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ERIC Number: ED523492
Record Type: Non-Journal
Publication Date: 2010
Pages: 134
Abstractor: As Provided
Reference Count: N/A
ISBN: ISBN-978-1-1243-8929-5
ISSN: N/A
An Analysis of Inmates in Davidson County, Tennessee: Factors that Impact Participation in GED Programs
Nashe, Turner, Jr.
ProQuest LLC, Ed.D. Dissertation, Tennessee State University
This study examined the experiences of the incarcerated, school dropout population. With an ever increasing number of high school dropouts, it is imperative that educational administrators attempt to slow the regression. Jail facility educational administrators especially need to have information on ways to increase participation in GED programming within the inmate populations. This work is significant in that it provides insight into the objective and subjective nature of low participation rates by comparing perceptions of those eligible and participating as opposed to those eligible and not participating in GED programming. This study took place in Nashville, TN under the auspices of the Davidson County Sheriff's Department. There were surveys distributed to ascertain the personal experiences in the categories of previous school experiences, self concept and efficacy, peer influence, home/family influence, facility influence, and post release value of a GED. A multiple regression analysis was run among the seven categories to compare the participant and non participant populations so as to search for significant differences. It was found that there was no single contributor towards achieving the objective of increasing participation in GED programming while incarcerated. Only when considering the combination of self concept/efficacy, family/home environment, and previous school experience, were the most significant differences discovered between the two populations of inmates who participated and those that did not. No significance was found in the other areas of peer influence, facility influence, jail facility influence, post release expectation of a GED. The results of this study are useful to educational administrators both in jail facilities as well as in the general population. [The dissertation citations contained here are published with the permission of ProQuest LLC. Further reproduction is prohibited without permission. Copies of dissertations may be obtained by Telephone (800) 1-800-521-0600. Web page: http://www.proquest.com/en-US/products/dissertations/individuals.shtml.]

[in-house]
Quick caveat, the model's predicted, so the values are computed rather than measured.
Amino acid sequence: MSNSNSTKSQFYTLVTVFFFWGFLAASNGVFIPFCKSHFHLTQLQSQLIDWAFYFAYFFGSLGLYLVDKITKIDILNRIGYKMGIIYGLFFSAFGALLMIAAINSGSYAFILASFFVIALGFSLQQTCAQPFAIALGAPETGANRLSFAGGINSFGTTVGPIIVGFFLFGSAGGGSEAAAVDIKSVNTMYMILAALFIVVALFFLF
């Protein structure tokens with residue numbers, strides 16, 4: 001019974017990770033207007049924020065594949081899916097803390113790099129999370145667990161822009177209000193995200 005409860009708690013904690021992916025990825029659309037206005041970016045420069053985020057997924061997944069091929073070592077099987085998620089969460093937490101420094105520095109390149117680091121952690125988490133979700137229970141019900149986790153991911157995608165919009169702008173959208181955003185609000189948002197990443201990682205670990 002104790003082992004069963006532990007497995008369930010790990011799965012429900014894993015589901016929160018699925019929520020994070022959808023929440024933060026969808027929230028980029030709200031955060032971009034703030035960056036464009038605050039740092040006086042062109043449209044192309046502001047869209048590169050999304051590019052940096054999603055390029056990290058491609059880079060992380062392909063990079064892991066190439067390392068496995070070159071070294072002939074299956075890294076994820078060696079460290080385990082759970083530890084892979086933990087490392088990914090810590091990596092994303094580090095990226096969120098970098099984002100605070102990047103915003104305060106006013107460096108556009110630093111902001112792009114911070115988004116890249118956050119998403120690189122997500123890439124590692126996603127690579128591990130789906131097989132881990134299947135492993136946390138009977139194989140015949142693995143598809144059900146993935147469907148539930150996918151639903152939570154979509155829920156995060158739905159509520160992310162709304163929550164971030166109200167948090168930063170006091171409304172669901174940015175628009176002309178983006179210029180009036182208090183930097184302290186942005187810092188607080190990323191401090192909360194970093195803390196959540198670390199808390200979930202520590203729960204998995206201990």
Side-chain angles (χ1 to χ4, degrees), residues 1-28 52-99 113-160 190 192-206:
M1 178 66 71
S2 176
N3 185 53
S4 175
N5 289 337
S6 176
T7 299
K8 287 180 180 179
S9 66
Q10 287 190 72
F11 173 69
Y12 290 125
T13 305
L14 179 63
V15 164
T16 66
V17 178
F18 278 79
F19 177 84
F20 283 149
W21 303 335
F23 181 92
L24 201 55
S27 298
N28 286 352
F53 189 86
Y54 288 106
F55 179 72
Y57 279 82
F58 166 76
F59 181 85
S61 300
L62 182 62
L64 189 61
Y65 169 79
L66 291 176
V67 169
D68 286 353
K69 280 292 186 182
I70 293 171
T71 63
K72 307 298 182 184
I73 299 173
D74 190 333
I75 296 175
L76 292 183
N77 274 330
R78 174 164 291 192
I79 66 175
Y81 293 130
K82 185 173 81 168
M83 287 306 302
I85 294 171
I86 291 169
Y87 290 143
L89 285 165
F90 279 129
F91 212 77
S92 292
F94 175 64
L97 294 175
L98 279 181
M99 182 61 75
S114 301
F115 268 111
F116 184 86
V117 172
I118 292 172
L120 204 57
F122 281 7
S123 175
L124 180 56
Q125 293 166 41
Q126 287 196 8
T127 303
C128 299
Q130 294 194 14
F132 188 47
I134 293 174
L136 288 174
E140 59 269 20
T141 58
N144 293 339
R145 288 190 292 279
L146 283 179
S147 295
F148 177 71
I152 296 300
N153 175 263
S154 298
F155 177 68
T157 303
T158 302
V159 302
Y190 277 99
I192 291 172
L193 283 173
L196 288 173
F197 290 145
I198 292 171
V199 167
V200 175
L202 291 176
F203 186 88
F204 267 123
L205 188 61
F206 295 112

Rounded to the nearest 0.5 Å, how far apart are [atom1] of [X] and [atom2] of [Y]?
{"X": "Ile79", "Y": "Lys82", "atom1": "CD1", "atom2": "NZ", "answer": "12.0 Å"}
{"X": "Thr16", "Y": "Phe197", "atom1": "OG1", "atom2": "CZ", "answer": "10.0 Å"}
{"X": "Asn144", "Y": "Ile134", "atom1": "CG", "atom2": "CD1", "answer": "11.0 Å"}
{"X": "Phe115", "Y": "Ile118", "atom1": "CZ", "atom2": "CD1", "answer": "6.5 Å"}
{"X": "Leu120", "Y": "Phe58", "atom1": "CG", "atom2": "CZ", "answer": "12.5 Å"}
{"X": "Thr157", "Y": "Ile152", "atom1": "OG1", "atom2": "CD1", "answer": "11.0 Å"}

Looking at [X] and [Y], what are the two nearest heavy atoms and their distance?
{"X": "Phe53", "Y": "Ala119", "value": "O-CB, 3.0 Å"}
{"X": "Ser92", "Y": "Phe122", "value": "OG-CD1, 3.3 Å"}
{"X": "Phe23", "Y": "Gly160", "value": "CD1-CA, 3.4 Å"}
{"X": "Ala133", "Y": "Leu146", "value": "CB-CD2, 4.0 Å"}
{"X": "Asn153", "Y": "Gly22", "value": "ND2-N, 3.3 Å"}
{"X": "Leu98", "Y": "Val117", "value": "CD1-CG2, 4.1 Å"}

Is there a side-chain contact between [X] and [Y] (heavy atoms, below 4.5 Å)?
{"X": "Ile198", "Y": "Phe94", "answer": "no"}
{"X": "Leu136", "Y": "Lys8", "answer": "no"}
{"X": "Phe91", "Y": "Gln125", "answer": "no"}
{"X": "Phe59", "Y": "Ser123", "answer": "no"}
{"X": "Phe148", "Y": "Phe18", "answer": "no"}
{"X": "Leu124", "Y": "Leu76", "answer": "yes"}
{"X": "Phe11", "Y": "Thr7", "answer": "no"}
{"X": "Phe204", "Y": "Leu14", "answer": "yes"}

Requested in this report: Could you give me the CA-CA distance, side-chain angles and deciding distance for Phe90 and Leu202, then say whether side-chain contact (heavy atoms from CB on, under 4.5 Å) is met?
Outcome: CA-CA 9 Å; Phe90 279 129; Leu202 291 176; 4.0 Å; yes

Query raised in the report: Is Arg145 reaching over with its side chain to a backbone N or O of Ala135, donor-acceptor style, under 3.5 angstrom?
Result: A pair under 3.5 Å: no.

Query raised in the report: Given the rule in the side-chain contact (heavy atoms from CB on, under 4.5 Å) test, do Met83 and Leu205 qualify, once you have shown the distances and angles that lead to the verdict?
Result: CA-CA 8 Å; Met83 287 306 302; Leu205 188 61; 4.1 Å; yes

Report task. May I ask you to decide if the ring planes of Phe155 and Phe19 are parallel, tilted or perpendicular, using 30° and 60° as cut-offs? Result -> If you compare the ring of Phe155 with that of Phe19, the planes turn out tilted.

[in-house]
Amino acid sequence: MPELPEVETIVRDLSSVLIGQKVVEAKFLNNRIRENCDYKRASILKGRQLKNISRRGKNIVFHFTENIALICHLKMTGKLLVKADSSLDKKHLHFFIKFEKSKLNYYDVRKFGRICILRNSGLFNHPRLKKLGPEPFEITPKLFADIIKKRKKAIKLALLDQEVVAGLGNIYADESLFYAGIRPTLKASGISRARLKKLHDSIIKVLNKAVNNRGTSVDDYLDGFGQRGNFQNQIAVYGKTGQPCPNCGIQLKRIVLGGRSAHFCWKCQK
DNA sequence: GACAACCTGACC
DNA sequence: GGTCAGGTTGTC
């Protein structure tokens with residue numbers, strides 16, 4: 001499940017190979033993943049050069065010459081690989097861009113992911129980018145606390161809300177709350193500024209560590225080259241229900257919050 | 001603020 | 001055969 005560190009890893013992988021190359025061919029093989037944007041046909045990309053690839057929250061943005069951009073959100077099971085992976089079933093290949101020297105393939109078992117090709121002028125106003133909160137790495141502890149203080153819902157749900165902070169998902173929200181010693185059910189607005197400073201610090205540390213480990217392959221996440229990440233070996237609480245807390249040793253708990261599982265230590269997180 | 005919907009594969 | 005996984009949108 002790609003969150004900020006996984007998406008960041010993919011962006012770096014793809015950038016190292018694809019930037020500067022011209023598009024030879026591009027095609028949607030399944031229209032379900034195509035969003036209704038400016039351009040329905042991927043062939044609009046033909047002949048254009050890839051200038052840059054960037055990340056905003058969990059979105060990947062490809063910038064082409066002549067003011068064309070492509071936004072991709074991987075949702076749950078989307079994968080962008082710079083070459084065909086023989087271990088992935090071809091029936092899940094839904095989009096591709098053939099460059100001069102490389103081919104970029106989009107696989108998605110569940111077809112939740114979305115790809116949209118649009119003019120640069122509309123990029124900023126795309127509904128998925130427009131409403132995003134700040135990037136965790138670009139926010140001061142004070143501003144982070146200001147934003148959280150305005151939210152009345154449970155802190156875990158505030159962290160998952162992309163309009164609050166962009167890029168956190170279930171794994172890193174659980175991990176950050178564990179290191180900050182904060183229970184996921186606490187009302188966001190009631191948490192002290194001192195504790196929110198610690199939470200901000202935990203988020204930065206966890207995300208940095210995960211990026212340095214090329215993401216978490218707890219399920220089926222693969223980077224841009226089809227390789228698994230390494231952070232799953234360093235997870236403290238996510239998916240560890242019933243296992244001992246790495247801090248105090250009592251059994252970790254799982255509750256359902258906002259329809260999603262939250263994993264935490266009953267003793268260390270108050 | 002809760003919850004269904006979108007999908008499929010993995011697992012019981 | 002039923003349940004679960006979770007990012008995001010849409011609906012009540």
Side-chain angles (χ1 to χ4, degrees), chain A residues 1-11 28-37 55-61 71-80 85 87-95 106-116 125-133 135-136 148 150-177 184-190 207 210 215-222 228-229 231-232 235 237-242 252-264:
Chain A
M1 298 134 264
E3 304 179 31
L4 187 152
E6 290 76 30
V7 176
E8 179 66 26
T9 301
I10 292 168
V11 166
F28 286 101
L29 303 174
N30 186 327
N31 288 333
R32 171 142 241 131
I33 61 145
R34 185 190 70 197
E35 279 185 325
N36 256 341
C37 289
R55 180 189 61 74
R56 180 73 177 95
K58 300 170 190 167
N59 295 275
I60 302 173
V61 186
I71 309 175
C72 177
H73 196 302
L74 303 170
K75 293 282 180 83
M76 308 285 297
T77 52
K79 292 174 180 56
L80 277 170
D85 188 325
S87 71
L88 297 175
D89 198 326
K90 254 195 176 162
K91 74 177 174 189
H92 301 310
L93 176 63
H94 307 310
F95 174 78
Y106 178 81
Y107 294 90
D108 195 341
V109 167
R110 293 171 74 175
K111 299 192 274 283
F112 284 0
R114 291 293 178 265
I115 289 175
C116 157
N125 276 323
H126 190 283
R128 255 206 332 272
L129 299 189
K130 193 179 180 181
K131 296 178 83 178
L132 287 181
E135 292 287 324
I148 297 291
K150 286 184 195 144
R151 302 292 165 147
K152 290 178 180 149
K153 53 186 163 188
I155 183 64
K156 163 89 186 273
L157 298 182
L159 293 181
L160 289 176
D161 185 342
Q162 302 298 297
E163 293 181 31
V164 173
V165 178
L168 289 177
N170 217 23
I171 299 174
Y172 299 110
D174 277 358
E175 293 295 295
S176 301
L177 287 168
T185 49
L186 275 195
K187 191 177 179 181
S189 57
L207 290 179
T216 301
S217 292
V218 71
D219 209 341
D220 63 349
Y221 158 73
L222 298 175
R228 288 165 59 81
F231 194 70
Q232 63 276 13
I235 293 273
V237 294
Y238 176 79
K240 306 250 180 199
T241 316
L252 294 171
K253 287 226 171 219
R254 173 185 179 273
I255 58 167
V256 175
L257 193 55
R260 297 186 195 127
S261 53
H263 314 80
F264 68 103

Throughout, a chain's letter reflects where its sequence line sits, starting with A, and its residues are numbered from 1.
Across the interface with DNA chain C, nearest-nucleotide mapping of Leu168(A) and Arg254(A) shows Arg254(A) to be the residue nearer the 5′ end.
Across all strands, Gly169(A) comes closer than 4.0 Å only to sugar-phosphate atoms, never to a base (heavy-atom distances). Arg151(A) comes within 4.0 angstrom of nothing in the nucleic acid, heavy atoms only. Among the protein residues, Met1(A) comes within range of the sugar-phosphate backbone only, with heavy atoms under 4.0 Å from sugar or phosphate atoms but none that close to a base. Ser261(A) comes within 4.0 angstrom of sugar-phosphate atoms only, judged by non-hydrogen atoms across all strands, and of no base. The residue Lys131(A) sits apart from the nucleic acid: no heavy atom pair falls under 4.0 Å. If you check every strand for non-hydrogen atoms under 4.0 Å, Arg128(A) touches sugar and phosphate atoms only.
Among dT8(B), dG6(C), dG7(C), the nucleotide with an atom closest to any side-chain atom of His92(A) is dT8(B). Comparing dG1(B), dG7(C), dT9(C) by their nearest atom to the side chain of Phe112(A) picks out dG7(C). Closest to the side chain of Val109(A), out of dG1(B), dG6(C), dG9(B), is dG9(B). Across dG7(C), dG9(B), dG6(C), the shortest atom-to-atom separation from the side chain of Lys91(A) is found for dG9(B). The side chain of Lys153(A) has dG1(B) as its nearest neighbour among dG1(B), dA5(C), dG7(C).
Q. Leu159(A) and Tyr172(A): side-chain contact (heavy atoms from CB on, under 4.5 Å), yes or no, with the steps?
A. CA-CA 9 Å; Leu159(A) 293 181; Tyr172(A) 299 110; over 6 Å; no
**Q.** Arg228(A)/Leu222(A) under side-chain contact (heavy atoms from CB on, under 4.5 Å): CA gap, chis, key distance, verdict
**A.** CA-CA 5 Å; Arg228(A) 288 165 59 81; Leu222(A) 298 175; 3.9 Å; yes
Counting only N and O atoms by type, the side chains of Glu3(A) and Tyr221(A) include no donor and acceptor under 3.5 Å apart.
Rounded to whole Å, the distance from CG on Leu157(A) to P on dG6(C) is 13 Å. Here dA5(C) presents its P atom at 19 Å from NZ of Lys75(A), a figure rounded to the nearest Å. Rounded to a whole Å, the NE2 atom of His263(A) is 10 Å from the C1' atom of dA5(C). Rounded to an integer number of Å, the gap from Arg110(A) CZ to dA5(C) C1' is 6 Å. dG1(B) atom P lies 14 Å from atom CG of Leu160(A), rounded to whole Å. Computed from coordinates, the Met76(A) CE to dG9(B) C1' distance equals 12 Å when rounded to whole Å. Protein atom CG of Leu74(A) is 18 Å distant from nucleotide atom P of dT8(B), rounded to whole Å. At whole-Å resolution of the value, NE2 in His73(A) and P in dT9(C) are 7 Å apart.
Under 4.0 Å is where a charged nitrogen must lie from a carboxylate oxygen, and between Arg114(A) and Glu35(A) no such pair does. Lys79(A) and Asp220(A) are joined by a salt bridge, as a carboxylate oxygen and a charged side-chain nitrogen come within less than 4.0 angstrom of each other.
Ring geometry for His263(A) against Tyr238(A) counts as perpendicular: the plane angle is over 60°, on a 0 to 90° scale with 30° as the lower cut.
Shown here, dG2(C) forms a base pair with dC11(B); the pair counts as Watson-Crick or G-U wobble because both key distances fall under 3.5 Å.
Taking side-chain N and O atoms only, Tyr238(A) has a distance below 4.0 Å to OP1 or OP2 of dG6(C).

ProQuest LLC. 789 East Eisenhower Parkway, P.O. Box 1346, Ann Arbor, MI 48106. Tel: 800-521-0600; Web site: http://www.proquest.com/en-US/products/dissertations/individuals.shtml
Publication Type: Dissertations/Theses - Doctoral Dissertations
Education Level: Adult Education; High School Equivalency Programs
Audience: N/A
Language: English
Sponsor: N/A
Authoring Institution: N/A
Identifiers - Location: Tennessee